July 26, 2012
Ex-Olympian holds onto resentment
By Thane Burnett, QMI Agency
STROUD, ENGLAND - Good news world. Your favorite Olympian is still soaring high enough to slightly burn his forehead.
Eddie "The Eagle" Edwards, the visually challenged British bloke-next-door who brought ski jumping down to Earth during the 1988 Winter Games in Calgary, is taking a break and descending from the local roofing job he's sweating over.
He's used to the summer heat and obviously never minds the heights -- he following his dad into the plastering and handyman trade -- though it was that Canadian winter where Edwards was reborn almost a quarter of a century ago.
Eddie, the unlikely everyman with the Coke-bottle glasses, distracted us all from whoever ended up capturing gold in ski jumping back then.
A relatively good skier, though God knows not a great jumper with his forever fogged-up glasses and dodo bird-like grace, was Britain's only ski jumping Olympian.
But he made it to the heights, and had frozen brass gonads to show for it, so the crowds loved each death-defying attempt at just surviving to see last place.
Ask most anyone what athlete they remember from those Olympics, and it'll be Edwards or the equally fearless Sunday drivers from the Jamaican bobsled team.
So I've taken a train into the rolling, sheep trimmed hills of Great Britain, to ask Edwards how he feels about the 2012 Games arriving at his doorstep?
We walk through this quiet English town, past young girls busking Top 40 hits for pocket change, and settle on a bench with cups of abysmal English coffee.
Gone are the glasses -- they've been replaced by implanted lenses.
He's now married, with two young girls who are not yet old enough to know their father once flew off the very end of the world.
He's writing a book. A film of his life waves back from the horizon.
He ended up getting a law degree, but hasn't gone the extra step to get his papers, preferring the freedom of his plastering trade.
And no, he says, he won't be watching the opening ceremony.
He likes the ski jumping of the more intimate Winter Games, but, honestly, "I'm just not a great fan of watching sports. I tend to watch a lot of movies (when the Olympics take place)."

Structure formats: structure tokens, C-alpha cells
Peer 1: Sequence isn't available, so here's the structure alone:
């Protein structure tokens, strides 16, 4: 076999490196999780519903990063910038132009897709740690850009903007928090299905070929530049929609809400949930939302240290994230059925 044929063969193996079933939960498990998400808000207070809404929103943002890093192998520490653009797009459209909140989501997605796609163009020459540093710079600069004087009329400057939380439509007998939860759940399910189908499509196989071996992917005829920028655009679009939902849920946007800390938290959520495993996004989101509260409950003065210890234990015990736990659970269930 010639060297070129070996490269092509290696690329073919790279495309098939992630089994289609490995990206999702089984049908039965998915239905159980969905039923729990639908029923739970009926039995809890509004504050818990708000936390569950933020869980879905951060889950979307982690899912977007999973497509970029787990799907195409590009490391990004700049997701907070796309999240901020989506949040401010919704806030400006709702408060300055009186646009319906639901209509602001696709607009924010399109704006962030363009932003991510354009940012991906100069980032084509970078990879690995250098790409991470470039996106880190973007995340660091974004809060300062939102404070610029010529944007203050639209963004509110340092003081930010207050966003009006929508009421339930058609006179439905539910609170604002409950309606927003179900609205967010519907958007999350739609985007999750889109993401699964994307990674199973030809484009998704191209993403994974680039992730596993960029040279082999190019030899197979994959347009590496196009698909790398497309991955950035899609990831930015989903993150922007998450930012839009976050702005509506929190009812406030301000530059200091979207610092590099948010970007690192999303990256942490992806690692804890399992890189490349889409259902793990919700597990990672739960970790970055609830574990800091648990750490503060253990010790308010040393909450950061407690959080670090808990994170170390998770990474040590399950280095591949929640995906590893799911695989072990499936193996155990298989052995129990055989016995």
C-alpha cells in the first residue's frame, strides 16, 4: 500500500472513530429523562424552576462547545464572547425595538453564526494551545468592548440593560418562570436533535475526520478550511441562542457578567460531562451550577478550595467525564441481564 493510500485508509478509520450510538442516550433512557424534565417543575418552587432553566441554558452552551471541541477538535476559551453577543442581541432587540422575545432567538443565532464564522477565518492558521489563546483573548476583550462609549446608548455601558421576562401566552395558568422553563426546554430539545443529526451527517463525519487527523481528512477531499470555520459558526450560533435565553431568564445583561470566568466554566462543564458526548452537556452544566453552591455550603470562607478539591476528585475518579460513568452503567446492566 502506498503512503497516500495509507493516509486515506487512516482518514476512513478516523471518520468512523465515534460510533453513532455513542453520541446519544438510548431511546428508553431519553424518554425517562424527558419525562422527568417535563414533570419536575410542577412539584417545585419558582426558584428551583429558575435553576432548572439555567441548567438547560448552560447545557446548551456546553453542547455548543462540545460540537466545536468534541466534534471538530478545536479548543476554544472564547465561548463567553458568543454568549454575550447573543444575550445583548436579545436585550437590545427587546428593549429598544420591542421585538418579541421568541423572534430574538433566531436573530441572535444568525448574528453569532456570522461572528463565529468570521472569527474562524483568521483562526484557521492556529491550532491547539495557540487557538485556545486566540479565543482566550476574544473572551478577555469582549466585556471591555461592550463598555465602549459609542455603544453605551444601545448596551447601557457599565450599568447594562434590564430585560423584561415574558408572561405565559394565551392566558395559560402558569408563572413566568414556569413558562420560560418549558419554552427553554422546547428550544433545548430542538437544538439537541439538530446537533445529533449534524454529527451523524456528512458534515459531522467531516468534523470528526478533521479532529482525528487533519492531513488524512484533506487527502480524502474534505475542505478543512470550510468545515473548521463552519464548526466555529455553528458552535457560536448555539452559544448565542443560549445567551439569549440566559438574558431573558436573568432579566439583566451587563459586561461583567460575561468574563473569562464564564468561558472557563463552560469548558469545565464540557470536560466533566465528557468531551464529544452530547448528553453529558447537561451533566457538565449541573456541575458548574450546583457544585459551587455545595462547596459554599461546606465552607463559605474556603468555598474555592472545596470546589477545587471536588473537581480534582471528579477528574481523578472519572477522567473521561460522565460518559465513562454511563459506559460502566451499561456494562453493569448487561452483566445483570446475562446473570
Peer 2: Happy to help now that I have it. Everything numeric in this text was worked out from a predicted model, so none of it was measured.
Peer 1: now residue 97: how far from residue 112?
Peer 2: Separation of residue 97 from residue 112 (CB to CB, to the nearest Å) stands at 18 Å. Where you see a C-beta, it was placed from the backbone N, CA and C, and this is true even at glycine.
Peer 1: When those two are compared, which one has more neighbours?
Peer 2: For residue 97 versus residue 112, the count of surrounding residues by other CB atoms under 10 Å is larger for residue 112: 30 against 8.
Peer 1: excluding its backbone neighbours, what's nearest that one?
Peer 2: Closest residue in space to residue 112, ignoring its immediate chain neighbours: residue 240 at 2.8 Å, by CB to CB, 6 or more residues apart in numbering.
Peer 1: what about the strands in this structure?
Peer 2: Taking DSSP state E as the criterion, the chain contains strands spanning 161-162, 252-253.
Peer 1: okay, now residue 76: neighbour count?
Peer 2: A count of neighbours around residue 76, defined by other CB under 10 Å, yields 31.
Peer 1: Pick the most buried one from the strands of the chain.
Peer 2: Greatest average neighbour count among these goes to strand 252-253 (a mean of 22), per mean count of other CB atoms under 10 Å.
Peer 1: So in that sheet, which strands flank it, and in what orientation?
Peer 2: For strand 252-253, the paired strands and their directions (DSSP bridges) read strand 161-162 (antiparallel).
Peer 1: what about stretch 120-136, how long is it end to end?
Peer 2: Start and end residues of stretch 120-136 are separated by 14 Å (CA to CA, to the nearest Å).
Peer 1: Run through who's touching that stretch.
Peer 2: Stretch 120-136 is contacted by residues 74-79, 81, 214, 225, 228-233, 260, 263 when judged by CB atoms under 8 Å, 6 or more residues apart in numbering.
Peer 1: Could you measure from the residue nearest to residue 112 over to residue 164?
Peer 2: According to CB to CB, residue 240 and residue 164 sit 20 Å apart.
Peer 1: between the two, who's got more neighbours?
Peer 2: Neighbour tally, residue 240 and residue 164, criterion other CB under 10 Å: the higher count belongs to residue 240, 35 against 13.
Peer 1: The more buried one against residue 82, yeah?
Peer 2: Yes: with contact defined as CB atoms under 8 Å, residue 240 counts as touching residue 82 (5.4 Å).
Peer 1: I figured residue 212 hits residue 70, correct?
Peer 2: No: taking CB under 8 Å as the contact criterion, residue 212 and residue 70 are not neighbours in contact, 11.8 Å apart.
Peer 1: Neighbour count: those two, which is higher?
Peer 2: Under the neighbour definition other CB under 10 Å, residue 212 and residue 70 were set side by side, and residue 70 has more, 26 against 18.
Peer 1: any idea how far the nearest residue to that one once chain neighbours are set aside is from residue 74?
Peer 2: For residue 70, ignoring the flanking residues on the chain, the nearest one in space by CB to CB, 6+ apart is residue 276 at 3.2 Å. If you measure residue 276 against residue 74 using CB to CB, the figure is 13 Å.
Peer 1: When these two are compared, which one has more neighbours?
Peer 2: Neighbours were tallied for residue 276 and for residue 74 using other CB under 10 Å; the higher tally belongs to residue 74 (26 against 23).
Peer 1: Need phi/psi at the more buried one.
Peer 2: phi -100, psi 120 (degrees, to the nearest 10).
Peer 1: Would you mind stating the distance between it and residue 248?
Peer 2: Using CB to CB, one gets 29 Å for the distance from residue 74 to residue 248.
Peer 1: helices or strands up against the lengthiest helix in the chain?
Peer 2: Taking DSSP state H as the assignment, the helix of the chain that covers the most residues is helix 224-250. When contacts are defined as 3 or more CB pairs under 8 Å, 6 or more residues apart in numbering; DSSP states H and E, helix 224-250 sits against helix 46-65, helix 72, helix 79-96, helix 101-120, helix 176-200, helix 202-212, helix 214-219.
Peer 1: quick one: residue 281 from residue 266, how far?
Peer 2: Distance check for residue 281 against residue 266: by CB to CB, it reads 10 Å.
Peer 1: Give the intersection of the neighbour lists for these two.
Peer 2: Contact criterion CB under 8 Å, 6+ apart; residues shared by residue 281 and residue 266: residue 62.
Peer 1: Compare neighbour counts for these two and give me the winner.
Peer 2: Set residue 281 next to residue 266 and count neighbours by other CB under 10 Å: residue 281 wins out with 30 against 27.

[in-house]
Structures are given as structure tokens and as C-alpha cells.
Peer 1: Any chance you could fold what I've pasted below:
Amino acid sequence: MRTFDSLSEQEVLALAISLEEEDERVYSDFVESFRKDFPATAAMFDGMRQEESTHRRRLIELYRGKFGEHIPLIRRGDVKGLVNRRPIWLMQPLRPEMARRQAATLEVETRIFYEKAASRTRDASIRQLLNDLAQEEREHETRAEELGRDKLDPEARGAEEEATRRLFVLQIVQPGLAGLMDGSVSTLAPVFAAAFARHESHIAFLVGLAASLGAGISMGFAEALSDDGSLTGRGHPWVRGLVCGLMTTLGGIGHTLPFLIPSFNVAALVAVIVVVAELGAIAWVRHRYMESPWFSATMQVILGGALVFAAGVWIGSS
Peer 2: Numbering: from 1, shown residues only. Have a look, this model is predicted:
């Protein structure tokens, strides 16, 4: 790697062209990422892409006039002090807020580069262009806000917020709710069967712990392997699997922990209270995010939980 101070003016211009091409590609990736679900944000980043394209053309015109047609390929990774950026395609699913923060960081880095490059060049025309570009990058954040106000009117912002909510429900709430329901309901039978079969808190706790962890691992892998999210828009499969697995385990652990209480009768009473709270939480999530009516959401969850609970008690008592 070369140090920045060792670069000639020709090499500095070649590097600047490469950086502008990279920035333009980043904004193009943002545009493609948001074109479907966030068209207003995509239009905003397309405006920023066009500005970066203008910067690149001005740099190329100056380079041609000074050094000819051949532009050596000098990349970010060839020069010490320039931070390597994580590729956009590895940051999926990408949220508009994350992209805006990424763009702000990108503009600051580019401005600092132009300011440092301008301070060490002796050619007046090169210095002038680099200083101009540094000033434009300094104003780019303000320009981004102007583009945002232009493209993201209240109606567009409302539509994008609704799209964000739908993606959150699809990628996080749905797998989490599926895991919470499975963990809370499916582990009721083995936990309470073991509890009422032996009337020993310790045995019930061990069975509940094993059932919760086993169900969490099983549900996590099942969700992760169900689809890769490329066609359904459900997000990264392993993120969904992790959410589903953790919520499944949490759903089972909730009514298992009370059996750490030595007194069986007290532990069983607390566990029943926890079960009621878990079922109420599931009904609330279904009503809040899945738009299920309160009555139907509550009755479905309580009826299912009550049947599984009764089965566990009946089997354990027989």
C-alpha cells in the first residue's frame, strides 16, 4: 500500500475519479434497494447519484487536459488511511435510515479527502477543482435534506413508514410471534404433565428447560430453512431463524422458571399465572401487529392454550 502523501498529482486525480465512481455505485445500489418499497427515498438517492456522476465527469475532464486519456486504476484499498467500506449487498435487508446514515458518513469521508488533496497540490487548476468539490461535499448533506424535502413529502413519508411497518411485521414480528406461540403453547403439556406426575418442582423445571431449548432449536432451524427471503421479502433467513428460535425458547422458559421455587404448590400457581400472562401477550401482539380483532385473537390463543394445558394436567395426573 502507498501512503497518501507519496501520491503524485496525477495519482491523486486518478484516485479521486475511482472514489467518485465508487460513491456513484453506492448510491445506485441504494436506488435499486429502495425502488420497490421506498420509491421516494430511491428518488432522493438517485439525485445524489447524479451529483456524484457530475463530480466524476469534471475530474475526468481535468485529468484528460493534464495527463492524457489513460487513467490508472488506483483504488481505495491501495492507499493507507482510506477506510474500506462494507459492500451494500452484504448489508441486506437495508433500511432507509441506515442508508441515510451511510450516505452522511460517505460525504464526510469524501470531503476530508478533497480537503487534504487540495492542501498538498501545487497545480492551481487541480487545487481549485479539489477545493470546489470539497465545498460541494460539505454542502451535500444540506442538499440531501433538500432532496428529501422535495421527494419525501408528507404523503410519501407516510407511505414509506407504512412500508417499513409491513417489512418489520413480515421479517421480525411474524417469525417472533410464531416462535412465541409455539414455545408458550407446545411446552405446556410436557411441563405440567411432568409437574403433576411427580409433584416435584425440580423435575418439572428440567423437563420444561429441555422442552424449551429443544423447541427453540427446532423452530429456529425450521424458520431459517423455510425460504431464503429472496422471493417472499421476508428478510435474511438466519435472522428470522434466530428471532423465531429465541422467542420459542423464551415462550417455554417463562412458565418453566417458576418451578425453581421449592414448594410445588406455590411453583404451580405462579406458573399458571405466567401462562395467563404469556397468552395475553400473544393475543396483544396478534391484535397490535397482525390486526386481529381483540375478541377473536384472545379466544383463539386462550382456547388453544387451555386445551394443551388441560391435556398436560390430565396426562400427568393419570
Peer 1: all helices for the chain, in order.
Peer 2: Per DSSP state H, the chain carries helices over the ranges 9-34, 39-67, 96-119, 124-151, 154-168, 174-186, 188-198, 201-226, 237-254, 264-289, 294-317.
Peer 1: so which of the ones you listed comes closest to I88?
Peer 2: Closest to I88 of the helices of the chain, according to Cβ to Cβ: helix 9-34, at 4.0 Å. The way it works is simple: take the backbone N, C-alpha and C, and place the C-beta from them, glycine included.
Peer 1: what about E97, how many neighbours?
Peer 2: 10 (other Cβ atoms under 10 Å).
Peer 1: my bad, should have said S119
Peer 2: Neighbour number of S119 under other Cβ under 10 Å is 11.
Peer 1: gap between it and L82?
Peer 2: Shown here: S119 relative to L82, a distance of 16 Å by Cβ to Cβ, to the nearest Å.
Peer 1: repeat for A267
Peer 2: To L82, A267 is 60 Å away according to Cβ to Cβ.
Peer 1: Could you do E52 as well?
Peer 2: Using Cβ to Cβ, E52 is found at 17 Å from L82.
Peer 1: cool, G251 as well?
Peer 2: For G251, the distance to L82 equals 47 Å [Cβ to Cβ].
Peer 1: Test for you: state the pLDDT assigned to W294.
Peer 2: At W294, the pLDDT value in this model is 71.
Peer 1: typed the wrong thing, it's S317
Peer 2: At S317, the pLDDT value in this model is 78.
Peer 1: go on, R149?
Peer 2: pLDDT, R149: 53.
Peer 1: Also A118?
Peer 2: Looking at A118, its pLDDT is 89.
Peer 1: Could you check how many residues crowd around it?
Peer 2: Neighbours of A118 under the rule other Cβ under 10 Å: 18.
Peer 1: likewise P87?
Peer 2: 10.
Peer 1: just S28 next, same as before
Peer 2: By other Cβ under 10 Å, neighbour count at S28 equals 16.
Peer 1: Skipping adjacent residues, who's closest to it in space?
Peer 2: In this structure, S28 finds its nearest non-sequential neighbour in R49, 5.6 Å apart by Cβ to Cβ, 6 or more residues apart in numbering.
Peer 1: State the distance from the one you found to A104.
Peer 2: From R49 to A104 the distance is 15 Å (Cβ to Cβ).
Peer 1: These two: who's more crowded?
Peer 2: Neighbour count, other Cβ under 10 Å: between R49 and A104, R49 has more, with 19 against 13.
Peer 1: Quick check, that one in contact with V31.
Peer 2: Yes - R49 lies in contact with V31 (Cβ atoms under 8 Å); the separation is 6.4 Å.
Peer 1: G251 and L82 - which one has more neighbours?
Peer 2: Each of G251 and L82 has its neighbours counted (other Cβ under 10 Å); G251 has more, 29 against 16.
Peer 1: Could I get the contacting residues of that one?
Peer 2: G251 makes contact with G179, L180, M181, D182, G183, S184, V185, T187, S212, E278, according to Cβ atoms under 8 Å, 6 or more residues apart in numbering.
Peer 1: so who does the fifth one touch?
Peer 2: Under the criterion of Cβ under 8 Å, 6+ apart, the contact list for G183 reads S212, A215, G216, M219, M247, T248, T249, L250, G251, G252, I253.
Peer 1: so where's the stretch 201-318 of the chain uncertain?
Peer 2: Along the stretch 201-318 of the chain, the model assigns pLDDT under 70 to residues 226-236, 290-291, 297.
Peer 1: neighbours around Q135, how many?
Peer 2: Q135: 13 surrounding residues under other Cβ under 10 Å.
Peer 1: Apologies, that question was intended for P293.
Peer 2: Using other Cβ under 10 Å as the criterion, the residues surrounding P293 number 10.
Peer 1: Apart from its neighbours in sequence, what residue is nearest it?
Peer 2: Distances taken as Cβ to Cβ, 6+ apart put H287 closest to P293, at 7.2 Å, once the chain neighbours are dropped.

Maybe he'll tune in for sprinter Usain Bolt's race, because it'll be over quickly.
Ignoring the Games may well be, in part, because Edwards still has a bit of resentment for the way Olympic and ski federation officials treated him after he stole much of the spotlight in '88 and pushed him out of competing.
"I hate authority," he allows. "(I was) one little bloke against these powers." Though we all like the little guy fighting the odds. The bewildered arrogance of ignoring the wax dripping from feathers.
Sure, there's the morbid curiosity of not knowing if lead-weight Eric "The Eel" Moussambani would drown during the 100-metre freestyle race in Sydney in 2000, or if Ghanaian skier Kwame "Snow Leopard" Nkrumah-Acheampong would be lost forever in a drift during the 2010 Winter Olympics.
But Eddie believes we long for athletes who are slightly less super and more human.
"I think I was one of the last true Olympians," he reasons. "I think it's become so professional. It's all about win, win, win and money, money, money and how much he or she will make if she wins the gold." Not that his leap of faith hasn't put food on his own table.
Today, at 48 years old, about half his income still comes from appearances, speeches and commercials.
Apparently, there's a demand for Eddie on cruise ships.
Not that he's ready to retire The Eagle persona.
When you've been up so high, you miss the way the sun hits you. He now wants to take up "ski flying" -- think ski jumping after way too many Red Bulls.
"Before I'm too old," he laments.
Which was just what he said after he survived the winter of '88.